Myers, who apparently based his second-hand comments on erroneous press reports (he wasn’t at my talk), goes on to claim that my thesis is that we will reverse-engineer the brain from the genome. This is not at all what I said in my presentation to the Singularity Summit. I explicitly said that our quest to understand the principles of operation of the brain is based on many types of studies — from detailed molecular studies of individual neurons, to scans of neural connection patterns, to studies of the function of neural clusters, and many other approaches. I did not present studying the genome as even part of the strategy for reverse-engineering the brain.

Al Fin declares that neither Kurzweil or Myers understand the brain [via AcceleratingFuture]:

But is that clear fact of mutual brain ignorance relevant to the underlying issue — Kurzweil’s claim that science will be able to “reverse-engineer” the human brain within 20 years? In other words, Ray Kurzweil expects humans to build a brain-functional machine in the next 2 decades based largely upon concepts learned from studying how brains/minds think.

Clearly Kurzweil is not claiming that he will be able to understand human brains down to the most intricate detail, nor is he claiming that his new machine brain will emulate the brain down to its cell signaling proteins, receptors, gene expression, and organelles. Myers seems to become a bit bogged down in the details of his own objections to his misconceptions of what Kurzweil is claiming, and loses the thread of his argument — which can be summed up by Myers’ claim that Kurzweil is a “kook.”

But Kurzweil’s amazing body of thought and invention testifies to the fact that Kurzweil is probably no more a kook than any other genius inventor/visionary. Calling someone a “kook” is apparently considered clever in the intellectual circles which Mr. Myers’ and the commenters on his blog travel, but in the thinking world such accusations provide too little information to be of much use.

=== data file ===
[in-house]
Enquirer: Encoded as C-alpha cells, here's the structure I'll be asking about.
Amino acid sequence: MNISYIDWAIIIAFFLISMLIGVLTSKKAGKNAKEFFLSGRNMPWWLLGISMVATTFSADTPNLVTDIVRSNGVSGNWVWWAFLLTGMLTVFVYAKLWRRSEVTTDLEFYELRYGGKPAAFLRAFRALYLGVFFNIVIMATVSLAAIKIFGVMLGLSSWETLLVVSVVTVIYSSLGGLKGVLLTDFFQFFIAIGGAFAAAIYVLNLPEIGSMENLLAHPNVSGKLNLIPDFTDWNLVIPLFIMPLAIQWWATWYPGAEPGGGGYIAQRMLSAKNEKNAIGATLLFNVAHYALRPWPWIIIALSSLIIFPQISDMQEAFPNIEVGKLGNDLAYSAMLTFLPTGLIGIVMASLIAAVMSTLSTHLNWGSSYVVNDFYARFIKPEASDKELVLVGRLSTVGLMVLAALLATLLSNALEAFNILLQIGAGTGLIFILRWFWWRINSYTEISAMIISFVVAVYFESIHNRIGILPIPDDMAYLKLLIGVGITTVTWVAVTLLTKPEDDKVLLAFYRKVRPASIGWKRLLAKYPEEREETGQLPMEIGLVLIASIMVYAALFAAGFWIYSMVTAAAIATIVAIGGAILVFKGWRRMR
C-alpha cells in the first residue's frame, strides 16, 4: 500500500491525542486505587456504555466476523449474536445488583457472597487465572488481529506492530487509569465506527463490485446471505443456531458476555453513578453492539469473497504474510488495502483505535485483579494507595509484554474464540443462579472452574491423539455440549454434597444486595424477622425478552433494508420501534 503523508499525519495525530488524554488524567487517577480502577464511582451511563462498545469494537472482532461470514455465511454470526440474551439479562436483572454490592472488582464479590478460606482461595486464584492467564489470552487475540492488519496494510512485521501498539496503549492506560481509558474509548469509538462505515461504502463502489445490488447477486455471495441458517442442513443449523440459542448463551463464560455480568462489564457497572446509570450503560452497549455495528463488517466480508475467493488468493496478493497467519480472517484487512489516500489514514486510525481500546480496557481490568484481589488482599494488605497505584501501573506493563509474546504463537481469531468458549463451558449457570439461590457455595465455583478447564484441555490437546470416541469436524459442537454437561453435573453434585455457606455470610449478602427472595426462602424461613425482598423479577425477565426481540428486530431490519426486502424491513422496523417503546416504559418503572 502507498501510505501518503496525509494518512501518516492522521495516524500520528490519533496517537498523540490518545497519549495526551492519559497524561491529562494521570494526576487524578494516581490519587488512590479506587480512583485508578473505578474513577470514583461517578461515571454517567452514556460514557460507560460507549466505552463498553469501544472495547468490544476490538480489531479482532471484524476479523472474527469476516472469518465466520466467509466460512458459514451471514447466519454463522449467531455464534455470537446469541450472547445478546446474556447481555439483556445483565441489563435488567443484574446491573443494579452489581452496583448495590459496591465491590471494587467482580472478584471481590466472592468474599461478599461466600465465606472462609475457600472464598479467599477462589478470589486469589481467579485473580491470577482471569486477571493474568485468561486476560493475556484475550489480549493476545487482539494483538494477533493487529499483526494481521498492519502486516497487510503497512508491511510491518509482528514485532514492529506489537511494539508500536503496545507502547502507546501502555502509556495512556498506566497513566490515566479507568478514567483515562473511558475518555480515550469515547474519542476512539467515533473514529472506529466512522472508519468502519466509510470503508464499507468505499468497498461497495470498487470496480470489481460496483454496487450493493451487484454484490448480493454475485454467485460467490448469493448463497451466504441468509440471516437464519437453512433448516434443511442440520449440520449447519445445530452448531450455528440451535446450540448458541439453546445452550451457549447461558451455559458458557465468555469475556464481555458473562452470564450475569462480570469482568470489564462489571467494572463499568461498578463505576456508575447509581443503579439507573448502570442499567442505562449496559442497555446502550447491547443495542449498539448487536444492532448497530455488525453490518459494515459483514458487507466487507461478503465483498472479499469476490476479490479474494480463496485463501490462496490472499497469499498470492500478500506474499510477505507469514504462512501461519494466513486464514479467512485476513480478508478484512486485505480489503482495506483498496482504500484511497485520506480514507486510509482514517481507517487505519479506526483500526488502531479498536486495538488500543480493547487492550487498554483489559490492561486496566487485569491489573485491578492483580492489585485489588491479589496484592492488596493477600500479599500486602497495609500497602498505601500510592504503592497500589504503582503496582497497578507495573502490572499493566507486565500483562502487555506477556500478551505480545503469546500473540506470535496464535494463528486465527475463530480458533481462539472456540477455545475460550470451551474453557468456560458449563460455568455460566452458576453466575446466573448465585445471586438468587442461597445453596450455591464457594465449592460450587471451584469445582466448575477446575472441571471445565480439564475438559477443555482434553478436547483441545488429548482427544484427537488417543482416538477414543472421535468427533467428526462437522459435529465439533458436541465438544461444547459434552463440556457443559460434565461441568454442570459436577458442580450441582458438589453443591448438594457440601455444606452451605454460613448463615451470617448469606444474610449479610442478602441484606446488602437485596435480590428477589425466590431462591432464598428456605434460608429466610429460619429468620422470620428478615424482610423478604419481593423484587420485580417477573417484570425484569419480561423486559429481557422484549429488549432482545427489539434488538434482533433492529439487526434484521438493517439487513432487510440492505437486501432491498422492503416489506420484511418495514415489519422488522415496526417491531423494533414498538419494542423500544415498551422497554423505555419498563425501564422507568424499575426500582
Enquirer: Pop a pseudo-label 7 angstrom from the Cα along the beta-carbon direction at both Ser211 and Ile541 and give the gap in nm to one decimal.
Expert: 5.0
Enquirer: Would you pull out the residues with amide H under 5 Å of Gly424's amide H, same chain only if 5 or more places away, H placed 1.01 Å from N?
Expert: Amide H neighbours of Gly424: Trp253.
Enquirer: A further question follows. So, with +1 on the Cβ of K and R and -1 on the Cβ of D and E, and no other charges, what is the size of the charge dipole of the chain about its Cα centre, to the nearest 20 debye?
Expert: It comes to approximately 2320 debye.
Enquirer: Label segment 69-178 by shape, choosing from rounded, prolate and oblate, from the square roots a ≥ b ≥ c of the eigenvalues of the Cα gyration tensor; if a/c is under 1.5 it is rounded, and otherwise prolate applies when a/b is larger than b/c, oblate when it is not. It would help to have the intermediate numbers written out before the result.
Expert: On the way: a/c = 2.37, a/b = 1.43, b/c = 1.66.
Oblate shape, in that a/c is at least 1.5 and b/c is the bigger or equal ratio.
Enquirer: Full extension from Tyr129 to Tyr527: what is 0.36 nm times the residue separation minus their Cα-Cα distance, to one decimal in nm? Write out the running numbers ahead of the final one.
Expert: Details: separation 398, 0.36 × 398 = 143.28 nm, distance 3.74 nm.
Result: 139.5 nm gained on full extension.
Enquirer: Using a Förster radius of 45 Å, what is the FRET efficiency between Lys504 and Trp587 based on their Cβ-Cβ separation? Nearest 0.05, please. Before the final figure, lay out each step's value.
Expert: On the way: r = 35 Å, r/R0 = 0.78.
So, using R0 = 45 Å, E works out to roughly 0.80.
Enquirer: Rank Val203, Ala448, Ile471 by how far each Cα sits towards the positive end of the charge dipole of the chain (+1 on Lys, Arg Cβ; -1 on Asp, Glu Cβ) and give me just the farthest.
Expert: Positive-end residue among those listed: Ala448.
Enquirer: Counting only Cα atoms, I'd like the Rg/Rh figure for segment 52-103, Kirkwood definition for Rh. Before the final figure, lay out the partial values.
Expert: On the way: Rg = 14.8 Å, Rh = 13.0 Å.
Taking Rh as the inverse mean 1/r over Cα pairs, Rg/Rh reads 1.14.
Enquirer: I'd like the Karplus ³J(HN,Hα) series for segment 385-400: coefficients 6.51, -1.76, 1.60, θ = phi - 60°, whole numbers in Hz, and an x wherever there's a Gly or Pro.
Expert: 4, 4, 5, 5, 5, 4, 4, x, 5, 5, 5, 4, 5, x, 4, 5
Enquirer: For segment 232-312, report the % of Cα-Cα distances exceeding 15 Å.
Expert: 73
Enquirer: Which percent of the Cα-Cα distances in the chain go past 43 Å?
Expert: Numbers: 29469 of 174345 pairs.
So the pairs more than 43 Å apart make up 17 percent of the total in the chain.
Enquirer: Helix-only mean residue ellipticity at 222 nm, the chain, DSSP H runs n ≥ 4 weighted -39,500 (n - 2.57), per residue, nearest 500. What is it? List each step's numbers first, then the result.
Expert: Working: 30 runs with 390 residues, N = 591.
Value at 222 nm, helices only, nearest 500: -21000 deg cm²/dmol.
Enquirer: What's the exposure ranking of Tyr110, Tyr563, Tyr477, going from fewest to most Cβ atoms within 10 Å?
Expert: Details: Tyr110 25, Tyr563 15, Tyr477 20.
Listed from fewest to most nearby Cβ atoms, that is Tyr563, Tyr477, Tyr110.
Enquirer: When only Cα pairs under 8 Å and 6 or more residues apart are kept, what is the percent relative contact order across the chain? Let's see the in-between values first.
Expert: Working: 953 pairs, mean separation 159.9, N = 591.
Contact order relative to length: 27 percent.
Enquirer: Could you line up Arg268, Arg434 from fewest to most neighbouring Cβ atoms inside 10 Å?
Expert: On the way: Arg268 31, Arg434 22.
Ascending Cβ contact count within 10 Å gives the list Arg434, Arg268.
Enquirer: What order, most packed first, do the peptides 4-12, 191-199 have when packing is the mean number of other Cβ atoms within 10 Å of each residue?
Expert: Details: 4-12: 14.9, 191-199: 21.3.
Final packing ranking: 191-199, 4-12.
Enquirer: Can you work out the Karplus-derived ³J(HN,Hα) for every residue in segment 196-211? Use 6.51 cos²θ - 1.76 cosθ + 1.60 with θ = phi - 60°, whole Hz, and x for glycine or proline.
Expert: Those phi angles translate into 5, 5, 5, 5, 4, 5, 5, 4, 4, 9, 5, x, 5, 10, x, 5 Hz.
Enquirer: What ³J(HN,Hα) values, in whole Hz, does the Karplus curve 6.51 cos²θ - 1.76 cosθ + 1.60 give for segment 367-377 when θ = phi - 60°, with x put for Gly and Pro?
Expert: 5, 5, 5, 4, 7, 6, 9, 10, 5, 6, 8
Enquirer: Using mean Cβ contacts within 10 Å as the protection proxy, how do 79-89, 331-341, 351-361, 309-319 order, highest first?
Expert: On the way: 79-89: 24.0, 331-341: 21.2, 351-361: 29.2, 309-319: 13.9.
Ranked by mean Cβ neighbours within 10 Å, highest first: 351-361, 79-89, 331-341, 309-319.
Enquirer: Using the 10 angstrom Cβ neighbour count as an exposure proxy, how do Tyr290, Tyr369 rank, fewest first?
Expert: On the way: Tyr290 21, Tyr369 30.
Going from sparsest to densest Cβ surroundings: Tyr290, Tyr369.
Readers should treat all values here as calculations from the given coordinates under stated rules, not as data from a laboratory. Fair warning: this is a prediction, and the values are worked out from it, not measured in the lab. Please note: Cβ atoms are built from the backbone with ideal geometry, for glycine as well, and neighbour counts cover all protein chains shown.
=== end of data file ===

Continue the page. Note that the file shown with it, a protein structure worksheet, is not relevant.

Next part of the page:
Zing! Now, back to Myers:

In short, here’s Kurzweil’s claim: the brain is simpler than we think, and thanks to the accelerating rate of technological change, we will understand it’s basic principles of operation completely within a few decades. My counterargument, which he hasn’t addressed at all, is that 1) his argument for that simplicity is deeply flawed and irrelevant, 2) he has made no quantifiable argument about how much we know about the brain right now, and I argue that we’ve only scratched the surface in the last several decades of research, 3) “exponential” is not a magic word that solves all problems (if I put a penny in the bank today, it does not mean I will have a million dollars in my retirement fund in 20 years), and 4) Kurzweil has provided no explanation for how we’ll be ‘reverse engineering’ the human brain. He’s now at least clearly stating that decoding the genome does not generate the necessary information — it’s just an argument that the brain isn’t as complex as we thought, which I’ve already said is bogus — but left dangling is the question of methodology. I suggest that we need to have a combined strategy of digging into the brain from the perspectives of physiology, molecular biology, genetics, and development, and in all of those fields I see a long hard slog ahead. I also don’t see that noisemakers like Kurzweil, who know nothing of those fields, will be making any contribution at all.